SF is the only waterfront city in the world that keeps the maximum number of people from where they most want to be – the waterfront. BTW, this site has been zoned 84′ for many decades. The developer proposed the building be 84′ and the 18 month community planning process that ensued resulted in the request by the City to step the building down on the north end and up on the southwest portion, thus the resulting design. The nearest existing residential building is 250′ and the nearest office building is 550. The building closest to the Embarcadero ranges from 48′ to 70′. Hardly a tall building.

  11. Posted by James

    anon, you’re aware that the Bay Bridge is over 500′ high? It’s pretty close to the water.

  12. Posted by [anon.ed]

    “SF is the only waterfront city in the world that keeps the maximum number of people from where they most want to be – the waterfront”
    That’s not true. That it “turned its back on the water” was one of the most common things said about Barcelona for many years, for one. And I’d put our Embarcadero development at the level of what Barcelona has done in Barceloneta.

  13. Posted by [anon.ed]

    Warsaw is another one. Cleveland is another one. Many cities have developed their waterfronts poorly over the years. New York City is another one. Its waterfront areas can be very depressing because of the highways encircling.

  14. Posted by futurist

    These should have been developed to a height of about 20-25 stories.
    Look at Vancouver and Sydney as great examples.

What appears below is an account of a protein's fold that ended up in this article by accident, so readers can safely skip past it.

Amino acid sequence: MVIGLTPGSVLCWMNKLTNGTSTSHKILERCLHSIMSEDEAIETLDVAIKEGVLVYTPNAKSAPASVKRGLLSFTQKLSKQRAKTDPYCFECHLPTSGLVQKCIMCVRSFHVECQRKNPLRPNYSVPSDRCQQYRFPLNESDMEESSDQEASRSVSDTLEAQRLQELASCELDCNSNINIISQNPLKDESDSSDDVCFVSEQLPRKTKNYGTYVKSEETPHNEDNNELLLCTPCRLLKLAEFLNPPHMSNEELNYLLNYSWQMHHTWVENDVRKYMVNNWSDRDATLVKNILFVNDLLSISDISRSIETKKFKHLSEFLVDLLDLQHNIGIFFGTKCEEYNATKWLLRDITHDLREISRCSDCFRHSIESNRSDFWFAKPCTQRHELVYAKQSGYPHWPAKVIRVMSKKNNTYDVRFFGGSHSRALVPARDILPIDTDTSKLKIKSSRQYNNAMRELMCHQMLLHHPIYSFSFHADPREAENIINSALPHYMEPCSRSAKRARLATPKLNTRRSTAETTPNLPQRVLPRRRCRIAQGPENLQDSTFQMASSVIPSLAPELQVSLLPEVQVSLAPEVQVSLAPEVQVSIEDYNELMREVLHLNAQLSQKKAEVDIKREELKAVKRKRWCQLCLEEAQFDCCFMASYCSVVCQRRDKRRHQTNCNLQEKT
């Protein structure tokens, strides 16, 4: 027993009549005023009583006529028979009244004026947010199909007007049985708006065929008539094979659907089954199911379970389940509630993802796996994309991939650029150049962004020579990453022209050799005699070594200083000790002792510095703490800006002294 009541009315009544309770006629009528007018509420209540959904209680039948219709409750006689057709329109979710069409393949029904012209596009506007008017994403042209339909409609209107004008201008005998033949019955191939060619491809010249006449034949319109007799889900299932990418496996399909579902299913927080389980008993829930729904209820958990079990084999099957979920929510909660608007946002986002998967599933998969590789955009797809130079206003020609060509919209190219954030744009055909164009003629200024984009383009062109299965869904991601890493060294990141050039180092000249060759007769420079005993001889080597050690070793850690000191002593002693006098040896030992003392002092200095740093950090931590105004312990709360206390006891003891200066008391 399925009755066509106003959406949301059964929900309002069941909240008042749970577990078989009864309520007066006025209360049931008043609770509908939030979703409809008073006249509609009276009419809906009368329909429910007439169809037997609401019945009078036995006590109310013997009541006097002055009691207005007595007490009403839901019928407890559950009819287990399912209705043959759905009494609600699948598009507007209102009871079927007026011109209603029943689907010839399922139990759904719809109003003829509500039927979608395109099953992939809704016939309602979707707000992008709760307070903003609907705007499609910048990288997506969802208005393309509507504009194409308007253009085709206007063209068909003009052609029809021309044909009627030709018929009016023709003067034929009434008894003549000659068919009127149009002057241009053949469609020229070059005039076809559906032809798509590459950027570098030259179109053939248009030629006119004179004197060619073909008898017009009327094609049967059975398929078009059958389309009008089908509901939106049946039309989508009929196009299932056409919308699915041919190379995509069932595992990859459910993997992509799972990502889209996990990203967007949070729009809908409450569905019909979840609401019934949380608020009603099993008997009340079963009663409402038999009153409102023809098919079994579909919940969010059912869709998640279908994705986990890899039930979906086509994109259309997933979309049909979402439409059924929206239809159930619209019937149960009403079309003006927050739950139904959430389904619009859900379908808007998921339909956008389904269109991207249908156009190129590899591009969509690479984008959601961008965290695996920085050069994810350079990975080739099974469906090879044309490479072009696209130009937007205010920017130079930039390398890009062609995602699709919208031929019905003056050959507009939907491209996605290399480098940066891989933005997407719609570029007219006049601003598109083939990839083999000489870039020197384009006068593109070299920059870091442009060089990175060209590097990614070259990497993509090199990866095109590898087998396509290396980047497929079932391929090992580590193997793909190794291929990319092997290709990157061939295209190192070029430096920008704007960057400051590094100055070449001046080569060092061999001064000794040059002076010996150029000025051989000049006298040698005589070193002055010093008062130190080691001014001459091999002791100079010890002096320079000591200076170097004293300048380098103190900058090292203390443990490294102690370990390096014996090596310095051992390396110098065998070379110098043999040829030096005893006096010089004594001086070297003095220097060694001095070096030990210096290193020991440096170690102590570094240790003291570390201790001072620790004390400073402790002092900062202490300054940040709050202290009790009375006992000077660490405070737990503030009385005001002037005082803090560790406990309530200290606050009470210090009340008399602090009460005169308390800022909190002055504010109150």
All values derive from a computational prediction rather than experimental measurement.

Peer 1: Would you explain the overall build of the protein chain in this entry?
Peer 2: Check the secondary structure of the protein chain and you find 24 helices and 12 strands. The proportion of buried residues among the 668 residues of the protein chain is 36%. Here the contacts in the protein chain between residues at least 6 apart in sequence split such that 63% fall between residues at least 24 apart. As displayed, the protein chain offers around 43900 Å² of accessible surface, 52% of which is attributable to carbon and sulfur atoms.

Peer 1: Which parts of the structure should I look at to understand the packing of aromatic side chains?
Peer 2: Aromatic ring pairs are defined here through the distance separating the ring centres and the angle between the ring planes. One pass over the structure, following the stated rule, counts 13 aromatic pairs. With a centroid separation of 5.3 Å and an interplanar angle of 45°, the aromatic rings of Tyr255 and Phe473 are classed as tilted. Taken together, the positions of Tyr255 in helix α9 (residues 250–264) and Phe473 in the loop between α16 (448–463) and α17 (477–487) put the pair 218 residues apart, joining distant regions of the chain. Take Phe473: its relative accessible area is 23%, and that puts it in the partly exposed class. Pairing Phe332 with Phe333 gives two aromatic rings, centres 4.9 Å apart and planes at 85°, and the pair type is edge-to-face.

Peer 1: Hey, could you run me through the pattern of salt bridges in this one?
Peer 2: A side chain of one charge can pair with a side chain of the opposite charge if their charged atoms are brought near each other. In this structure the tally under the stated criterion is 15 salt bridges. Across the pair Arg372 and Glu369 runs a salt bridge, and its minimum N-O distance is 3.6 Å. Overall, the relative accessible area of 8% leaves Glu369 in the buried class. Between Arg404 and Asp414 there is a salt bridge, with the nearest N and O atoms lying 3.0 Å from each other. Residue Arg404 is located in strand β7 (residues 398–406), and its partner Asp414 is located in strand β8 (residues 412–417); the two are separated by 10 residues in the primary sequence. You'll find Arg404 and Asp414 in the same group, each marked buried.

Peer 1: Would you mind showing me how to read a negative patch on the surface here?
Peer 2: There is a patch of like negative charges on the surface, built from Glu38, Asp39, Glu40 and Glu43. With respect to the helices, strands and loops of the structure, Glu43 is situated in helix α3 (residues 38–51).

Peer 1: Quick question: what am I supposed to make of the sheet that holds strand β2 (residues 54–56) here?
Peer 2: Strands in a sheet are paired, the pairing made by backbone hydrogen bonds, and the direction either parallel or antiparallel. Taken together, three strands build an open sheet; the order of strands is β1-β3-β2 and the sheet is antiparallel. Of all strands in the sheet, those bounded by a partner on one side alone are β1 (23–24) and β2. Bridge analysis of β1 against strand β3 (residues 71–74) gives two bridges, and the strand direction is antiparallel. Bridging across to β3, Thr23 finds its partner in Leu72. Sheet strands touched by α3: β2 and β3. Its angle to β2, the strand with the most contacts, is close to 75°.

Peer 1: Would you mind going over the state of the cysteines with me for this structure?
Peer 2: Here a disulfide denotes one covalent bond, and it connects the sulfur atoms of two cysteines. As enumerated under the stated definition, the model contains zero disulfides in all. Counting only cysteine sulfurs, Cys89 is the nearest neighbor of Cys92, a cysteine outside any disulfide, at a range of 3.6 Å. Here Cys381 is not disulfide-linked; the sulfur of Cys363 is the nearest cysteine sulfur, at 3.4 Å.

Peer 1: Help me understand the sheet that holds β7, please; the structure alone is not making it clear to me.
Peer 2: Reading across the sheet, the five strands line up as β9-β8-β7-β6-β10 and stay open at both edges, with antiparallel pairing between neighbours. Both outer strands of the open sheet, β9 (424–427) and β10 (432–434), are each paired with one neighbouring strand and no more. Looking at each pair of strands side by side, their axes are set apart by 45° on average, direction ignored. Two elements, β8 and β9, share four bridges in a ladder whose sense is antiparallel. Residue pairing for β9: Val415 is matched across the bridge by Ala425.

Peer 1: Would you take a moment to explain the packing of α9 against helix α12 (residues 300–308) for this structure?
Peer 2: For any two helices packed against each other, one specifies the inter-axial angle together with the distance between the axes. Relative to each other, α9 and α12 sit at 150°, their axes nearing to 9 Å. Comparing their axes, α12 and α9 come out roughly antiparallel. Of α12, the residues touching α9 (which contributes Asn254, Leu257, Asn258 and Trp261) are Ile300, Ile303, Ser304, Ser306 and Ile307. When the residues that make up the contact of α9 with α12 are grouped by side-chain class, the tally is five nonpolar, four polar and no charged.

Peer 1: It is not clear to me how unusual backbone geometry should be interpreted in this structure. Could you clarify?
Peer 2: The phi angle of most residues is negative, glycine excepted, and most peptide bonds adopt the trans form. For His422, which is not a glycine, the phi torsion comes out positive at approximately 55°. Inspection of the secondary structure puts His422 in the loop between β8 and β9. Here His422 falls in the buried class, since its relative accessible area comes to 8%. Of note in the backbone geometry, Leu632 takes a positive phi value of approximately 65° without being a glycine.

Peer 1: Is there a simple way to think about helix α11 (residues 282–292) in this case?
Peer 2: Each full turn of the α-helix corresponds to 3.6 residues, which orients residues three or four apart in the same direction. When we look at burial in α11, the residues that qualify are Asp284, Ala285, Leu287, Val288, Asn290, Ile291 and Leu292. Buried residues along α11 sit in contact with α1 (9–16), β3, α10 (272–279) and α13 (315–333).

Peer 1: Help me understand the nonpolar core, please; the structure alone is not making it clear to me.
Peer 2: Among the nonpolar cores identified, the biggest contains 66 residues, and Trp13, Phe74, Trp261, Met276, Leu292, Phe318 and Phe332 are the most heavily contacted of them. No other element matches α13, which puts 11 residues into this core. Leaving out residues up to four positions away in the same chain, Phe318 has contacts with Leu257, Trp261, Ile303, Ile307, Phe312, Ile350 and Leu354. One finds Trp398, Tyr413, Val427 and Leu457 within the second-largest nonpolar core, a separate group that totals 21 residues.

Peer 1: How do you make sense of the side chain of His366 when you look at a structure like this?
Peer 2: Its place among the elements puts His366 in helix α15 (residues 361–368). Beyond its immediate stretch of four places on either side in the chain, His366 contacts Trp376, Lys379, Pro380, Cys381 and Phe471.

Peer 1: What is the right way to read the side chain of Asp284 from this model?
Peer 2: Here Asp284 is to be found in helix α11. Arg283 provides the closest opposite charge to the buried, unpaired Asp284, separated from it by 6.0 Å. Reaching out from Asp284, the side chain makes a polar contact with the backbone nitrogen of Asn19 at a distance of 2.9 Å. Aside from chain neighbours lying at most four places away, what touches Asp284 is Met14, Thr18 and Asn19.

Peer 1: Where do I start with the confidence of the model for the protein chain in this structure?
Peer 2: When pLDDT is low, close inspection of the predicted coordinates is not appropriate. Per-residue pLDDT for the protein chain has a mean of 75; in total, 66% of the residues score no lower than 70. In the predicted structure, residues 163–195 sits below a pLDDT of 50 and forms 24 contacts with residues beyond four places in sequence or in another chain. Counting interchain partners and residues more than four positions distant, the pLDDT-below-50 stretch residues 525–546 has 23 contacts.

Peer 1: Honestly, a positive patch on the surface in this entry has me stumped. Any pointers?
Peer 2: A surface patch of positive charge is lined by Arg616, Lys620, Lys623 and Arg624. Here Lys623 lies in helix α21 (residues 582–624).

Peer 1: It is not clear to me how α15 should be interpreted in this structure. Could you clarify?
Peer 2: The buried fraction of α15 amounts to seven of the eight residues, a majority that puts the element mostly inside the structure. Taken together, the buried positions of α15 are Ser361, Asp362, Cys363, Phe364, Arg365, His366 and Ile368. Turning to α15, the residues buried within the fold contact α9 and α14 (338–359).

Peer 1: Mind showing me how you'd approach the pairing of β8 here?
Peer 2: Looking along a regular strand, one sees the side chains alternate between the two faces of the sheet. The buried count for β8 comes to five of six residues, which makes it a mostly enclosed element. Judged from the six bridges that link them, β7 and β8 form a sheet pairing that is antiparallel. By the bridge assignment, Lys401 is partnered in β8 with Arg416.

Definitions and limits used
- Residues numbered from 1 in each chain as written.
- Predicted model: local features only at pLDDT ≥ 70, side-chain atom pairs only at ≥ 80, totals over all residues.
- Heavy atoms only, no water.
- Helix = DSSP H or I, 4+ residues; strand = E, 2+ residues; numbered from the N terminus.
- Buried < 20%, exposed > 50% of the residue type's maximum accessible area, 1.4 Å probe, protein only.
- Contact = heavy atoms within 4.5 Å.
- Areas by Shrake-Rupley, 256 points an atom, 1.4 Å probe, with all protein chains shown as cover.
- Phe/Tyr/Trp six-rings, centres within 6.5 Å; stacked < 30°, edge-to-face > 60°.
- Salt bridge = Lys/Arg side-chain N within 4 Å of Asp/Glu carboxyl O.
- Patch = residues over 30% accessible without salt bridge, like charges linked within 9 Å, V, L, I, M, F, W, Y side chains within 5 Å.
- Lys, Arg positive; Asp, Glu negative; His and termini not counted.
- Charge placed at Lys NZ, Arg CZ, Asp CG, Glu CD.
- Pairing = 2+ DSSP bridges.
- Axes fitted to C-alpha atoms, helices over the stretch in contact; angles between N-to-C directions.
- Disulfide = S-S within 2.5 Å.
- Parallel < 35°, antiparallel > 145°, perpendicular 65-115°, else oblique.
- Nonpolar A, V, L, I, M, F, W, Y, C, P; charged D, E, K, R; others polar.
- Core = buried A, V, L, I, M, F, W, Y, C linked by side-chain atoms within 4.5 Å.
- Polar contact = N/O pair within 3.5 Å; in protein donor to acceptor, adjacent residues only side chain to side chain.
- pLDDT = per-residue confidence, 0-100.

15. Posted by VancouverJones

    Unfortunatley many US cities turn “their” back on the water. Seattle is probably the best example that I can think of out of state(imagine turning your back on the Puguet Sound; a real tragedy.). The best example locally is the utter disdain Alameda and Oakland has shown to the estuary. The estuary is just the size to hold you in its hands but has the urban presence to excite you with long views of the SF and Oaklnd skylines. It has the potential to be one of the most beautiful, vibrant little waterways in the entire bay area
    I do think the scale of the Bay and the need to create a detailed,inviting social space calls for buildings to be stepped down as they approach the water.
    It is true that Vancouver has done great things with high bulidings near the waterfront. But this is accompanied by incredibly advanced attention to detail at the ground (pedestrian)level. And yes, this accomplished with business, government AND citizen input. We simply don’t have a sophisitcated enough planning process here in the states to trust allow anyone to build high near the waterfront.

  16. Posted by futurist

    Good point, VanC: We simply do not have the sophisticated and deeply knowledgeable planning process and planners and planning commission to produce great work like one sees in Vancouver, as an example.
    We are wrought with devisive characters, such as Aaron Peskin, and many others like him who resist any change. The archaic and hysterical Historic Preservation commission also slows and stops many projects.
    There is so much we could learn from other cities.

  17. Posted by Jim

    The hearing was cancelled because the Rec and Park Department “forgot” to post the Brown Act notification on their website. Yea sure. Methinks they are trying for death by a thousand cuts, just like the City did to the America’s Cup’s plans.

  18. Posted by Fishchum

    Jim – so far, it appears as if the changes to the America’s Cup plans have been coming out of Ellison’s camp, no the city’s.